The issue of time as essence in construction contracts is controversial and is frequently litigated. The law on the subject is largely unsatisfactory. In a paper titled "The Law on Time as Essence in Construction Contracts: A Critique" published in Volume 8 Issue 1 of the RGNUL Financial and mercantile Law Review (here), the law on the subject is critically evaluated. The paper argues that the precedent on the issue, Hind Construction Contractors v. State of Maharashtra, AIR 1979 SC 720 ("Hind Construction"), was wrongly decided and requires reconsideration. It also argues that:
- Hind Construction is no more relevant to the current times and provides incentives to inefficient contractors leading to delay in project completion;
- Contracting parties do not appear to have circumvented the adverse effect produced by Hind Construction through the use of appropriate language in their contracts despite various decisions following the said decision; and
- One of such reasons for the phenomena appears to be a lack of direction by courts as to what contracting language could constitute future courts to construe a contractual condition providing that time is of the essence as such.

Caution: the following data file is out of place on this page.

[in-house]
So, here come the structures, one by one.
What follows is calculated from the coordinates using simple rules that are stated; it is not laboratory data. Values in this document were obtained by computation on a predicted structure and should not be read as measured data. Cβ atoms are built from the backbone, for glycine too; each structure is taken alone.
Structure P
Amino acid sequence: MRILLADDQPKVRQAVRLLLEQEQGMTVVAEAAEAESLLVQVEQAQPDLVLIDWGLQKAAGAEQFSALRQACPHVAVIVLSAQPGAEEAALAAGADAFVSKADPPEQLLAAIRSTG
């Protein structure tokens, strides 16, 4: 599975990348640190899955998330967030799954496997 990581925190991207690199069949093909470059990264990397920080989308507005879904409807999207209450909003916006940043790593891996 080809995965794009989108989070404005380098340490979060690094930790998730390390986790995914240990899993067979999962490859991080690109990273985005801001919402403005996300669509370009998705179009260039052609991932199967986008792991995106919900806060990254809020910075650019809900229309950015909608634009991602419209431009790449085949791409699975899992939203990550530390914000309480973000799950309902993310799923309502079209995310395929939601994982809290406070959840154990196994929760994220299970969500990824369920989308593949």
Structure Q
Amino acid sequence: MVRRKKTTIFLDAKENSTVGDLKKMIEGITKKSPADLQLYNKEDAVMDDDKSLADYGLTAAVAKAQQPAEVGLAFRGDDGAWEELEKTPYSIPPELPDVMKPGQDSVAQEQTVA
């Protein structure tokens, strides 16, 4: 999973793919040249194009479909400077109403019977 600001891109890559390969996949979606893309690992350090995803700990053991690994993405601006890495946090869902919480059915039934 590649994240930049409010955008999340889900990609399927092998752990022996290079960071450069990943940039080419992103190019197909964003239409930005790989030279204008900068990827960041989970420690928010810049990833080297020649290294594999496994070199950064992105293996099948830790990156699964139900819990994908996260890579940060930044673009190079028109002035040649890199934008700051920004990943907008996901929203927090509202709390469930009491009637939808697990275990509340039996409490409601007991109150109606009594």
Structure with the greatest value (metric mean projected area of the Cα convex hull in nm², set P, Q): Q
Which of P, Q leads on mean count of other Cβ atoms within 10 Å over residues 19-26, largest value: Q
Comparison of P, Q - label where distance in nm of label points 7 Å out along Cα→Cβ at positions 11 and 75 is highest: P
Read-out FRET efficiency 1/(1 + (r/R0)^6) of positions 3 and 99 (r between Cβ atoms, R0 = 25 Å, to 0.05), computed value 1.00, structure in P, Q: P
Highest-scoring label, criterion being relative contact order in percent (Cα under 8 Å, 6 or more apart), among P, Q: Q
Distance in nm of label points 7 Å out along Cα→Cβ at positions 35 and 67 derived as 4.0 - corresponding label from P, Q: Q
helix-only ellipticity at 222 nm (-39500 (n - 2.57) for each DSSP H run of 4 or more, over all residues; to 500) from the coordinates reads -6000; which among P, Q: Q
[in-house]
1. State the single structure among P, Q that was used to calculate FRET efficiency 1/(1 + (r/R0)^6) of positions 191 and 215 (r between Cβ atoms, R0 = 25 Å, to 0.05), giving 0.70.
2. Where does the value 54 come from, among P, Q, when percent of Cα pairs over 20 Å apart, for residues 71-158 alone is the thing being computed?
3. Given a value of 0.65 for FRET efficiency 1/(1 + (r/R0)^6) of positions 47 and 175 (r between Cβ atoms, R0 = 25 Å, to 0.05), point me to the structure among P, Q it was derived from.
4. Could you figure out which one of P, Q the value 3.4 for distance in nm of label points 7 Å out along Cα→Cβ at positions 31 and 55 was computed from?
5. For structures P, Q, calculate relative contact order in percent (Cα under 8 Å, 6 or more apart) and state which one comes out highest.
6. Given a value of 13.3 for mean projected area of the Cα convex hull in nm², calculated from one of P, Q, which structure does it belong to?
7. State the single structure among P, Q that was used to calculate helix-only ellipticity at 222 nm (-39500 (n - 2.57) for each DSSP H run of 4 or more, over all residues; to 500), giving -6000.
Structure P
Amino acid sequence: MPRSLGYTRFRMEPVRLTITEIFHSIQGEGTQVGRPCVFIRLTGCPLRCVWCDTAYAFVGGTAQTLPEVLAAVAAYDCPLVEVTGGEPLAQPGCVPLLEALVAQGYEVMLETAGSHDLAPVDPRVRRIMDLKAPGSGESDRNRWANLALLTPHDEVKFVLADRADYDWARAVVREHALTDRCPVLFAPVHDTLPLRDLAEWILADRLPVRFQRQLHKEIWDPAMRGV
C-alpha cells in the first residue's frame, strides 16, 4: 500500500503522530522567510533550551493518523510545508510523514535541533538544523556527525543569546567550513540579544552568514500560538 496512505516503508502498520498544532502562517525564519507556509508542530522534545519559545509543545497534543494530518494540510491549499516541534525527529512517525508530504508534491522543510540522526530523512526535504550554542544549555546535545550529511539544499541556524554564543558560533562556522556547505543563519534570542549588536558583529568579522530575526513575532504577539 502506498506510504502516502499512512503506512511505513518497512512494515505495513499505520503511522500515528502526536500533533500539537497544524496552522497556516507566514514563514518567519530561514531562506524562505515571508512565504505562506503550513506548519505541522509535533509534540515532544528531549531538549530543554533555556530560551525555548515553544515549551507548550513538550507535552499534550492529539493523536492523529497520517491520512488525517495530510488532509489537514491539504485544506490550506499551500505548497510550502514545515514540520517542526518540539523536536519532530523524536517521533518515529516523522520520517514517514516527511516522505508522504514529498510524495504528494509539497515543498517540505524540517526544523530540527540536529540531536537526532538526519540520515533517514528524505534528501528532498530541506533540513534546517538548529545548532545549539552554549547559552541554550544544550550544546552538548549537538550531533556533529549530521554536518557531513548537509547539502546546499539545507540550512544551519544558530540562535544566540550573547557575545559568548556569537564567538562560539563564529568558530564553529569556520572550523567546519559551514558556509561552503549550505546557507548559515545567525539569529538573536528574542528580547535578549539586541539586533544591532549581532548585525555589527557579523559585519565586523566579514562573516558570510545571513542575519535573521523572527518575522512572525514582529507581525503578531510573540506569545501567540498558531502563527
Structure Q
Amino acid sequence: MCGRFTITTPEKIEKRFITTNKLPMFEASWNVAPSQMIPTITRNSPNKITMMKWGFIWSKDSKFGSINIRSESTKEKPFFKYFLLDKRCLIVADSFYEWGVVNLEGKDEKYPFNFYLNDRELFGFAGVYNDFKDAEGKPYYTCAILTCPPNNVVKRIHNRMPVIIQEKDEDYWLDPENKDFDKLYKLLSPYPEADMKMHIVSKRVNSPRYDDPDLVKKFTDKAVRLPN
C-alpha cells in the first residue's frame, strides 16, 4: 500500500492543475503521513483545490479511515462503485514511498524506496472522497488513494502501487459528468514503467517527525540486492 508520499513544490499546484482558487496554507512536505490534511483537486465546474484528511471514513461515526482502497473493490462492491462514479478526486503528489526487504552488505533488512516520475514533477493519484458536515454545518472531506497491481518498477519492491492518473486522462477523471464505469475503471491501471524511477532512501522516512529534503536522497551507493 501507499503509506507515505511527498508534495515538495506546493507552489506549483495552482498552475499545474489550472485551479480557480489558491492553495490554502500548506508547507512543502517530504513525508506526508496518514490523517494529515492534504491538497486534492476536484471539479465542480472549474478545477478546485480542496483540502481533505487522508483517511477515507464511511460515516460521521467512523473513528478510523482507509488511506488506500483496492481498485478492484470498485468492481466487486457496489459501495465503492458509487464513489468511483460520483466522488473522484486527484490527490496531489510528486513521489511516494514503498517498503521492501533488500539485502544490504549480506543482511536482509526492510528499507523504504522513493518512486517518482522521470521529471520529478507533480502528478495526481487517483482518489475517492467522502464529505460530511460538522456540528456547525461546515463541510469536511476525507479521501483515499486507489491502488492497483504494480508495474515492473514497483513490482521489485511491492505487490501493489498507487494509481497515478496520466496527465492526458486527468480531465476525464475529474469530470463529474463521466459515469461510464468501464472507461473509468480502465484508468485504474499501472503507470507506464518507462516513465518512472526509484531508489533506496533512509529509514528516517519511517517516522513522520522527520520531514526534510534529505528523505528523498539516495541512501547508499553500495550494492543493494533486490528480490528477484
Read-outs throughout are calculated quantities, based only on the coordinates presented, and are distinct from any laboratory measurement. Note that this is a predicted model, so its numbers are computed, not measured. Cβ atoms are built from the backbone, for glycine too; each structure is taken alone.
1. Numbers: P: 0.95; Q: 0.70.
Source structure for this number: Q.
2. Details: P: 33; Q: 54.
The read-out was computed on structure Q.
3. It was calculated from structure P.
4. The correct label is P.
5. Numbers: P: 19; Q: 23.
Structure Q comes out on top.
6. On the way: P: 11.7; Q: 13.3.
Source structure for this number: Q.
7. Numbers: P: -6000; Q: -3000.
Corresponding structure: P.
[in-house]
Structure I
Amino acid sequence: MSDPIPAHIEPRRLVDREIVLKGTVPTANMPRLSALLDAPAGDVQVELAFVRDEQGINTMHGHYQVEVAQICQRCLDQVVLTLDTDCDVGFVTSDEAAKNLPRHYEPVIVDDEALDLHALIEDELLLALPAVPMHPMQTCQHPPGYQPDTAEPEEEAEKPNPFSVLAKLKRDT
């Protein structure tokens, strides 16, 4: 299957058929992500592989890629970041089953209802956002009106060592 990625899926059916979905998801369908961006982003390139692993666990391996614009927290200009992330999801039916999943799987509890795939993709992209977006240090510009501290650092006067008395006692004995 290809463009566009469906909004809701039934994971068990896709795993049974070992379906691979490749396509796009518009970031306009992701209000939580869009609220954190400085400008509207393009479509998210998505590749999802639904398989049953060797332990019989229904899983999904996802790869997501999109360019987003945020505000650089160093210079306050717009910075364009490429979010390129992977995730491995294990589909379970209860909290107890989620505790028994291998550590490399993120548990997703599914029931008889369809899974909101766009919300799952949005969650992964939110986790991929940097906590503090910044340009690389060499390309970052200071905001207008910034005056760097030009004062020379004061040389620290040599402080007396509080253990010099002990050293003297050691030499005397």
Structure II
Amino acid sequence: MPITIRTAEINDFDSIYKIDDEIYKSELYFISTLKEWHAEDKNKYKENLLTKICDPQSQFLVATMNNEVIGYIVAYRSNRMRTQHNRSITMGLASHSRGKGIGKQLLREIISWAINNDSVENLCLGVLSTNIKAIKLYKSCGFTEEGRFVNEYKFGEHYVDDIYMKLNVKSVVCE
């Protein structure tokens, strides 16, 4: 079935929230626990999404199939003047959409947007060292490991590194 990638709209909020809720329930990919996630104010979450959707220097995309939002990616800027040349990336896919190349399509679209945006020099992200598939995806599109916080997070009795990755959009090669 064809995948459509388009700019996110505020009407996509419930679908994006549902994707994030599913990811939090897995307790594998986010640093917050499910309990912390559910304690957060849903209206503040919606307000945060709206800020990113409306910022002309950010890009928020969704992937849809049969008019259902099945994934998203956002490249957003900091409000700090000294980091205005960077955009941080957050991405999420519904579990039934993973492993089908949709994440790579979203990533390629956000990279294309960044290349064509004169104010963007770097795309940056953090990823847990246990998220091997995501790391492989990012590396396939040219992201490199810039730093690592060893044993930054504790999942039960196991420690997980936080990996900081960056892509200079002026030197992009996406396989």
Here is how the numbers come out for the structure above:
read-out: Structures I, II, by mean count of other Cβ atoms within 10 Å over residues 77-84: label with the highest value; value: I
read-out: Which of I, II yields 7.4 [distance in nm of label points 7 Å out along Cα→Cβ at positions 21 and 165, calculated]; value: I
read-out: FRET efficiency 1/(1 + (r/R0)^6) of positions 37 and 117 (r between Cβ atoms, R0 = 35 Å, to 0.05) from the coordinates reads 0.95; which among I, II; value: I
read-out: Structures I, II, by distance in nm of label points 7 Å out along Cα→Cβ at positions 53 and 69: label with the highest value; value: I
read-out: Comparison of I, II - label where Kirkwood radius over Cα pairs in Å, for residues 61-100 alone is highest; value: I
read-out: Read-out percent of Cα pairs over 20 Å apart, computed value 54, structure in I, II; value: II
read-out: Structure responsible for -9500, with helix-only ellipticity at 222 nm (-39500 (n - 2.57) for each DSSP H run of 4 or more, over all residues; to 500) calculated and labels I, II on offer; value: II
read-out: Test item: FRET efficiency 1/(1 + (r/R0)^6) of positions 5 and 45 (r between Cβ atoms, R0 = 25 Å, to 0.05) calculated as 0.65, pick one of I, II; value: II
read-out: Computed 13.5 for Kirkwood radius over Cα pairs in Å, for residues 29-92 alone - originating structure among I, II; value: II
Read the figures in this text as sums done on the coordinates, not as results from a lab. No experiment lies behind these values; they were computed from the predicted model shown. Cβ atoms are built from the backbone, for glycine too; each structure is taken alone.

Abstract of the Paper is provided below:
"The concept of time as essence in construction contracts is a controversial topic. Even though parties routinely provide in their agreements that time is of the essence, these clauses inevitably figure in construction disputes. Arbitral tribunals and courts have mostly decided such disputes holding those clauses to be of no legal effect, mainly by relying on the decision of a three-judge bench of the Hon’ble Supreme Court in Hind Construction Contractors v. State of Maharashtra. This paper argues that Hind Construction was wrongly decided, that it is not good law and that it requires reconsideration given the changing times. The paper further notes that parties do not appear to have circumvented the adverse effect of Hind Construction. Usually, in such situations, there is a change in contracting behaviour by the use of appropriate contracting language. Perhaps, this is due to the lack of direction by courts as to what appropriate language could be used in contracts to make time as the essence of the contract. This paper concludes by suggesting possible methods by which courts and arbitral tribunals could validly enforce time-as-essence clauses."
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